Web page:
History of Denham
Dutch seaman Dirk Hartog made the first landfall of the west coast of Australia in October 1616. He left a plate recording his visit at Cape Inscription on Dirk Hartog Island. It was found and replaced by another similar plate in February 1697 when another Dutchman, Willem de Vlamingh, explored the west coast. Two years later, British sea captain William Dampier visited and named Shark Bay. French explorer Nicholas Baudin explored the bay in 1801, naming most of the area's coastal features. One of the expedition's crew members, Louis de Freycinet, returned in 1818.
Pearling commenced from Shark Bay in 1850, being the first such base on the WA coast. It continued for another 70 years until operations were centralised in Broome. Tourism is now a major source of income, most of which is generated by the Monkey Mia dolphins. In the 1960s, a fisherman and his wife began feeding Bottlenose Dolphins when returning with their catch.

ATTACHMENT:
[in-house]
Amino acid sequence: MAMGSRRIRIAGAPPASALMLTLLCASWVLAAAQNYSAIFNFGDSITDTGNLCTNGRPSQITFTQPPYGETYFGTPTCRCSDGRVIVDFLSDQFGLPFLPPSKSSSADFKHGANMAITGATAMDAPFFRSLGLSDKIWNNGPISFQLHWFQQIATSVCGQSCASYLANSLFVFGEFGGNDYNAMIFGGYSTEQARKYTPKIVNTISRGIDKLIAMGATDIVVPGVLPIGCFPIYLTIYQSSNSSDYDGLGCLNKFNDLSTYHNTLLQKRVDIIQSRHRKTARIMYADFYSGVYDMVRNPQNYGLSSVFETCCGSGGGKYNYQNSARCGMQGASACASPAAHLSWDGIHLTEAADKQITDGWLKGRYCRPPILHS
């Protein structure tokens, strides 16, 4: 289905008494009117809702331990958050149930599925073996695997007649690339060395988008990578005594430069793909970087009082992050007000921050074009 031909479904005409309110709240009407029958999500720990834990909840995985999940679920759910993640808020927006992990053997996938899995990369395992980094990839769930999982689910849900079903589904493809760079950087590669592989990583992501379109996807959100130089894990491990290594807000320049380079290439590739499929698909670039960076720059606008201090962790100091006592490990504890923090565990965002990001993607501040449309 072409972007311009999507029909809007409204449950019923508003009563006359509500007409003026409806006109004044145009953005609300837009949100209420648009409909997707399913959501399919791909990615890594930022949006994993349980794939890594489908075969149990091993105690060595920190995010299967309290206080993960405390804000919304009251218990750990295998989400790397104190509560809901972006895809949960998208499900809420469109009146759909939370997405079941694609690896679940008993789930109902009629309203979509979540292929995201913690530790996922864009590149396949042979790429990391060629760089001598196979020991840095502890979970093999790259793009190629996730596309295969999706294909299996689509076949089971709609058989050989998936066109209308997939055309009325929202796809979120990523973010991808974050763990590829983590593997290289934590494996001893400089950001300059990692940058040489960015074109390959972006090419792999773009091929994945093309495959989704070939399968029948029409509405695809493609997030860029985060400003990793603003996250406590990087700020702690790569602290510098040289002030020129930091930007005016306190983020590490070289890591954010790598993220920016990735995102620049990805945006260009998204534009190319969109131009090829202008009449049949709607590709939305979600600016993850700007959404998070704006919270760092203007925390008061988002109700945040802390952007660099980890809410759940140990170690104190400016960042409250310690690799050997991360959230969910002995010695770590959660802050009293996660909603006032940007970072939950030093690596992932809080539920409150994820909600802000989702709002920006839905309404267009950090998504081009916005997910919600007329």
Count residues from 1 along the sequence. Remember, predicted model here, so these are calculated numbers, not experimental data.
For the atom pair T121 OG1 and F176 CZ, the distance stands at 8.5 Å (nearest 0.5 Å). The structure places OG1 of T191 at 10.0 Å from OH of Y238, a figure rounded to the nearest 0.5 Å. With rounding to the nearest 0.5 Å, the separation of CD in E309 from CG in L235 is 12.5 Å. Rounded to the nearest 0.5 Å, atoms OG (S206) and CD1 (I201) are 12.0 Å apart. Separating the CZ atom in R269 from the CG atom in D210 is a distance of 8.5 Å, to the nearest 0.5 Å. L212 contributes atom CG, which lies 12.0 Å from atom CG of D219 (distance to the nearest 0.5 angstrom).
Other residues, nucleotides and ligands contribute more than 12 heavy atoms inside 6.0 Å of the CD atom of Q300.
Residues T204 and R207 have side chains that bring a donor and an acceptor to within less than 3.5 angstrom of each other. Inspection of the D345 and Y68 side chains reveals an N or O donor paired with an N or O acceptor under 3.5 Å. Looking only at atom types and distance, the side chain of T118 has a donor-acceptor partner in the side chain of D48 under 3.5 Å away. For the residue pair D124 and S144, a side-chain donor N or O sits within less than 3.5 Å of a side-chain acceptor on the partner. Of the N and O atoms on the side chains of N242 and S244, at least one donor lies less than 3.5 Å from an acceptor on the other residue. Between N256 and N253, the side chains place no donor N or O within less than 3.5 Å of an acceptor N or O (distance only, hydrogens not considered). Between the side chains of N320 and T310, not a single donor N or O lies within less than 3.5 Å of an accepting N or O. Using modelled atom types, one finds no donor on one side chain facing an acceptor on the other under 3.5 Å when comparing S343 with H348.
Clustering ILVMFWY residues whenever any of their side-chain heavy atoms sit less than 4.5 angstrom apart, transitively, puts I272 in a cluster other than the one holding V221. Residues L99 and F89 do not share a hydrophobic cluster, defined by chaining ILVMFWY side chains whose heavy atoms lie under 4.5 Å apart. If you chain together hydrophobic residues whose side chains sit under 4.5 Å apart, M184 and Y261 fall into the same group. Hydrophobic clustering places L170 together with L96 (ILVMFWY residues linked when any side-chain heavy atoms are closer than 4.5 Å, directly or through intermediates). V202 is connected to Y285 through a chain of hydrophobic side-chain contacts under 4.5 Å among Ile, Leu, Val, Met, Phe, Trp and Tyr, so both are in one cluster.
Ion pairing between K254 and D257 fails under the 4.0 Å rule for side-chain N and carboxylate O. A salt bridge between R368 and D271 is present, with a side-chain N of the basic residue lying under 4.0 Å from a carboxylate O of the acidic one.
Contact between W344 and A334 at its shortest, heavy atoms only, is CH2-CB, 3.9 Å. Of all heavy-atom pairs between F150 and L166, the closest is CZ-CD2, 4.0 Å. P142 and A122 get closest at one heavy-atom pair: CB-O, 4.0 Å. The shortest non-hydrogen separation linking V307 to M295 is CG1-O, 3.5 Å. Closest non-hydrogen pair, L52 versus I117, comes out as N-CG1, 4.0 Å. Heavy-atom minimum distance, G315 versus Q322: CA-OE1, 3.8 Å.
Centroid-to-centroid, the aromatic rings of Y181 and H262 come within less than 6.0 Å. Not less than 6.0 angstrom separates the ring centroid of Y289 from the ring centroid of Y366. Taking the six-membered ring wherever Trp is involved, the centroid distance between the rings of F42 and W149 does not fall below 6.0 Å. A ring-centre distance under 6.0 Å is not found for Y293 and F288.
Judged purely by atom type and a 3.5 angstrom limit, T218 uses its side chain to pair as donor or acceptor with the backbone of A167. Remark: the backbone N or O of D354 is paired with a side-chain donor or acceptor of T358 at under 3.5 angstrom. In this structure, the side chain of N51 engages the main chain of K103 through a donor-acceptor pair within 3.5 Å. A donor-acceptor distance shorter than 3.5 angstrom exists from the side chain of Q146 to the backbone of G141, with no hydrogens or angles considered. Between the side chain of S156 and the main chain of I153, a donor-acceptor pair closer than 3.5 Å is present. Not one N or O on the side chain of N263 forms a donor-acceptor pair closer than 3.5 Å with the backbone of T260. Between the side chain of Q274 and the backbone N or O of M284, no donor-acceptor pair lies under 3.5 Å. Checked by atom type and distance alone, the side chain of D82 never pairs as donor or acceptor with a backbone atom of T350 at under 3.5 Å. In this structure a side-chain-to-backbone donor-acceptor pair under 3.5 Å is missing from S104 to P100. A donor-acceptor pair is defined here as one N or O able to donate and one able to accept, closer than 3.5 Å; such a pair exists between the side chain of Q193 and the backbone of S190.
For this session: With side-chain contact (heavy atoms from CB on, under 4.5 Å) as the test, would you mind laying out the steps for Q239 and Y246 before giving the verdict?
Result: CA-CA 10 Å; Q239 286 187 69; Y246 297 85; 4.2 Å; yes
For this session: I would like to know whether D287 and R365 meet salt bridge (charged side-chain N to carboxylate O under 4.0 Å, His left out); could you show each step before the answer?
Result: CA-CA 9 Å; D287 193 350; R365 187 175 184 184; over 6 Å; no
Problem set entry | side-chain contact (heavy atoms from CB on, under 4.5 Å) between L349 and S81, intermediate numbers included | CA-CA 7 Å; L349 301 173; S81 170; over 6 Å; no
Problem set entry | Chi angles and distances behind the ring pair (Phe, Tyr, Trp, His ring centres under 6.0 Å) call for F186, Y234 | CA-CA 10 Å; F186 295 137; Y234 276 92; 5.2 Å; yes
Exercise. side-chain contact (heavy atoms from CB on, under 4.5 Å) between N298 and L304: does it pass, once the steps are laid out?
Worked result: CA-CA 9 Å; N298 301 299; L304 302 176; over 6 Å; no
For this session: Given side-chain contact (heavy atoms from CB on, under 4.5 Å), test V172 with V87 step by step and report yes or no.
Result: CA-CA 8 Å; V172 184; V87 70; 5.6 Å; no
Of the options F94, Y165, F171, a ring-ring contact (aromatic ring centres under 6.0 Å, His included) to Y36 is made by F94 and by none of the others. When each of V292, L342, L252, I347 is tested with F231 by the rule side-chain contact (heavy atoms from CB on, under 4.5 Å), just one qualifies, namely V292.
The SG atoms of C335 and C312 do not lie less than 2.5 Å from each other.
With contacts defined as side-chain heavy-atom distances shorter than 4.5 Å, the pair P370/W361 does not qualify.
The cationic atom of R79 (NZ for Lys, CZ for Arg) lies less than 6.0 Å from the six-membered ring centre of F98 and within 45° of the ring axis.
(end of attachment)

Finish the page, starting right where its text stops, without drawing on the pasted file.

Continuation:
As news of the dolphins coming inshore spread, visitors started to come to see them. In 1985, an information centre was built, and in 1988, a special state government grant was provided to develop roads, car parks, and facilities. It is now a major tourist attraction.
The town's name honours Capt. Henry Mangles Denham, who surveyed a portion of Shark Bay aboard HMS Herald in 1858. Monkey Mia: Mia is the Aboriginal term for home or shelter, while the Monkey part of the name is allegedly derived from a pearling boat called Monkey that anchored at the now Monkey Mia in the late 19th century, during the days when pearling was an industry in the region.